Breast and pelvic examinations are challenging intimate examinations. Technology-based simulation may help to overcome these challenges.Objective
To synthesise the evidence regarding the effectiveness of technology-based simulation training for breast and pelvic examination.Search strategy
Our systematic search included MEDLINE, EMBASE, CINAHL, PsychINFO, Scopus, and key journals and review articles; the date of the last search was January 2012.Selection criteria
Original research studies evaluating technology-enhanced simulation of breast and pelvic examination to teach learners, compared with no intervention or with other educational activities.Data collection and analysis
The reviewers evaluated study eligibility and abstracted data on methodological quality, learners, instructional design, and outcomes, and used random-effects models to pool weighted effect sizes.Main results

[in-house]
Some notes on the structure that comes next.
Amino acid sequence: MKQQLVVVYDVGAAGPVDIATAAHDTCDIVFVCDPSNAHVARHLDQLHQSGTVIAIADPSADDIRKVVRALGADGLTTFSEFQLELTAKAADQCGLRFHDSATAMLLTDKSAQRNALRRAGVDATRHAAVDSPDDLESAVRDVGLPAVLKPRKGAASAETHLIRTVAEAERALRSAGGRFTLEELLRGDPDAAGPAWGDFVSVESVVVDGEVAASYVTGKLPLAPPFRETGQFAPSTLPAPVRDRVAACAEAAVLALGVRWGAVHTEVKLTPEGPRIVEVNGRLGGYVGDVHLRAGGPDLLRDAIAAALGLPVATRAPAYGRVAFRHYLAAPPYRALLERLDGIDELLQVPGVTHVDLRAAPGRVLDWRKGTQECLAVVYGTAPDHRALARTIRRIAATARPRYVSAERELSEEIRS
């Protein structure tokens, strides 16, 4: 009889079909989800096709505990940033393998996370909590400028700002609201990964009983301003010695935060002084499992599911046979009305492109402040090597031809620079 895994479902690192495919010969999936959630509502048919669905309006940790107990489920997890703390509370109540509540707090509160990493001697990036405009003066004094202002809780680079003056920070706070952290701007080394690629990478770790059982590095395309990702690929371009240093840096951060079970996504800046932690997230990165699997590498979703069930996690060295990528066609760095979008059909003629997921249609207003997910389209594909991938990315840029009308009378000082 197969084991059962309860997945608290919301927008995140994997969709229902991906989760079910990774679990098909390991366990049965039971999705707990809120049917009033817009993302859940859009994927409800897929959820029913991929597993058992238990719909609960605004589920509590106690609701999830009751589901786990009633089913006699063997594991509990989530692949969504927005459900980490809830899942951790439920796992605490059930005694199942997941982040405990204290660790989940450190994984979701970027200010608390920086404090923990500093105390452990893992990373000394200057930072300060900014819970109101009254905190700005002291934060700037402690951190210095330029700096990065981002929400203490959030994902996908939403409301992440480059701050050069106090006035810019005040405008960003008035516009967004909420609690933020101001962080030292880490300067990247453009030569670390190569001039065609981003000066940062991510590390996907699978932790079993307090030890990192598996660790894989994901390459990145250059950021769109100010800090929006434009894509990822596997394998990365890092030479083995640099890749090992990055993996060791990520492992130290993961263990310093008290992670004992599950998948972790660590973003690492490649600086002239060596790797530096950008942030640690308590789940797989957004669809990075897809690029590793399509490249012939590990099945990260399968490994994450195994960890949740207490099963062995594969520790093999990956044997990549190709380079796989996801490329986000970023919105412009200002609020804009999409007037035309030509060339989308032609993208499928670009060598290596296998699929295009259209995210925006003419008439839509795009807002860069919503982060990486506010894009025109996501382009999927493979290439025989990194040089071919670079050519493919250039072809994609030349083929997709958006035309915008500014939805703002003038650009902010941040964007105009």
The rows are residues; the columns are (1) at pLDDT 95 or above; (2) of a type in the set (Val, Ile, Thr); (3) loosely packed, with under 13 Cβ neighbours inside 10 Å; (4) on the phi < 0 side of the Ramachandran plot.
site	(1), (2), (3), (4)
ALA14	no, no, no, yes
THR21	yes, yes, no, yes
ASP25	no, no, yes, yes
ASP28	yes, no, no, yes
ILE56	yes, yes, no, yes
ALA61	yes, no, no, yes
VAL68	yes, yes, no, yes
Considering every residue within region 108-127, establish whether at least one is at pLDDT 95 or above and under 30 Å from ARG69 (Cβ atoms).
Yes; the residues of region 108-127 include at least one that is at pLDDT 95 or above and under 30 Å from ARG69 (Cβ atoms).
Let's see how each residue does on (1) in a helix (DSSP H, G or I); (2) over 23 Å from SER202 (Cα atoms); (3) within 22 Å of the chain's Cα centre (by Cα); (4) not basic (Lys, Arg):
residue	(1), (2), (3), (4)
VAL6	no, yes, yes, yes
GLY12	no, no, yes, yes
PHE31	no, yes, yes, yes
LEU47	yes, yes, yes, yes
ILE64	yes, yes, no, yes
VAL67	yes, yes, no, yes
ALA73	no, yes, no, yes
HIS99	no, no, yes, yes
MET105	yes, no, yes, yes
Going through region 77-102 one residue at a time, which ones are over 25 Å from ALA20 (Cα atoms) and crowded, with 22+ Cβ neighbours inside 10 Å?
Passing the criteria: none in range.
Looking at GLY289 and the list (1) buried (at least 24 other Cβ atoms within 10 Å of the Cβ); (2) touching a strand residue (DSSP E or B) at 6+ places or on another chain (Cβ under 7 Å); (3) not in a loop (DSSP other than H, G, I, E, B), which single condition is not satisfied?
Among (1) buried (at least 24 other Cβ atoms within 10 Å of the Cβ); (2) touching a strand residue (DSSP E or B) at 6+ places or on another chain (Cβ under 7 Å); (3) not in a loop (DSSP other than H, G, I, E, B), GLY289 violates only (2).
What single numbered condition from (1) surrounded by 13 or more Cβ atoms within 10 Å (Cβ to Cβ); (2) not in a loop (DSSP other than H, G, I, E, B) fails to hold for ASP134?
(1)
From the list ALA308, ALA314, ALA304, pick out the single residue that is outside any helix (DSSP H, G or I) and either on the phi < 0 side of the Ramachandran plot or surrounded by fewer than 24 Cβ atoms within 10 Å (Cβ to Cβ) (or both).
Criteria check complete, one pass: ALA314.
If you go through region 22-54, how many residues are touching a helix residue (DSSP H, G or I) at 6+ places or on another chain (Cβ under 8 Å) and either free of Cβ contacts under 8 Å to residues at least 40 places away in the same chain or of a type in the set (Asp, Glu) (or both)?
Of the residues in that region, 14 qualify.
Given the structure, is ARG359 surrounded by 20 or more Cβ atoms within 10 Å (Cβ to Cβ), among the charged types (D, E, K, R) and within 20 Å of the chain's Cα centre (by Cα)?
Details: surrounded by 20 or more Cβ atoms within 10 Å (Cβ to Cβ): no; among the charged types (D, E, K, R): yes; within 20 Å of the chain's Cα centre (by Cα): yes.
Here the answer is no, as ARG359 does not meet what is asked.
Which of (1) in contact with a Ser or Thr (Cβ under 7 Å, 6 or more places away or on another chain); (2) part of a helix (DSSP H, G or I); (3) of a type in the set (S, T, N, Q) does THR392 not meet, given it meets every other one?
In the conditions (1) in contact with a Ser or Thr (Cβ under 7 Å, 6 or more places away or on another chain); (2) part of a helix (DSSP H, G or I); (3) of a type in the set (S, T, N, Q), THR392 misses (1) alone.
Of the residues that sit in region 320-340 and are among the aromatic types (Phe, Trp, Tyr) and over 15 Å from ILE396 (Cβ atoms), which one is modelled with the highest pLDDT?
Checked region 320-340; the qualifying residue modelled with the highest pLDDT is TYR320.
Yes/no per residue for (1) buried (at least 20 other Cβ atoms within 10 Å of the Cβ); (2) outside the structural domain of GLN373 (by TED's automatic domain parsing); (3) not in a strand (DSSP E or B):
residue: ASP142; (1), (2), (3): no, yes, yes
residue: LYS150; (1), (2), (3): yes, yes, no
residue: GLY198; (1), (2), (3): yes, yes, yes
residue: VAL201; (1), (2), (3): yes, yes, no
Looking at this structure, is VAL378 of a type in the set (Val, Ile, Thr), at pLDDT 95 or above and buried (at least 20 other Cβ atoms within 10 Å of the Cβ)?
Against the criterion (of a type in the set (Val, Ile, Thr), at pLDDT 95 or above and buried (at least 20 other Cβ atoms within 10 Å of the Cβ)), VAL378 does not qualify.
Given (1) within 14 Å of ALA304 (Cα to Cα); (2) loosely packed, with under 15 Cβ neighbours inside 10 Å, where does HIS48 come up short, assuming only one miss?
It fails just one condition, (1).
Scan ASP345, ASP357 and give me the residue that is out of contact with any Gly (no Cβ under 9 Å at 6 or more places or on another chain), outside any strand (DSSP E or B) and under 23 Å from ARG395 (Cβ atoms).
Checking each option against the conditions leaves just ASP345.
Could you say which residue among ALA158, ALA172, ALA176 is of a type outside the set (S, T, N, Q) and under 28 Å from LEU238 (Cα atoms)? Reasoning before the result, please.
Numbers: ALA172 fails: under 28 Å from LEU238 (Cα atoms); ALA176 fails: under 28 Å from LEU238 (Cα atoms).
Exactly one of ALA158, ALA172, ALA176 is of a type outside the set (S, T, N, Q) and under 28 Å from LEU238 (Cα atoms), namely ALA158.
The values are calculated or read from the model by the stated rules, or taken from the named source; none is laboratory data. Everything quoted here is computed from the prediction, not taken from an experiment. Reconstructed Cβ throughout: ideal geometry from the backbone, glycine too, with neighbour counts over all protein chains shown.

In total, 11 272 articles were identified for screening, and 22 studies were eligible, enrolling 2036 trainees. In eight studies comparing simulation for breast examination training with no intervention, simulation was associated with a significant improvement in skill, with a pooled effect size of 0.86 (95% CI 0.52–1.19; P < 0.001). Four studies comparing simulation training for pelvic examination with no intervention had a large and significant benefit, with a pooled effect size of 1.18 (95% CI 0.40–1.96; P = 0.003). Among breast examination simulation studies, dynamic models providing feedback were associated with improved outcomes. In pelvic examination simulation studies, the addition of a standardised patient to the simulation model and the use of an electronic model with enhanced feedback improved outcomes.Author's conclusions
In comparison with no intervention, breast and pelvic examination simulation training is associated with moderate to large effects for skills outcomes. Enhanced feedback appears to improve learning.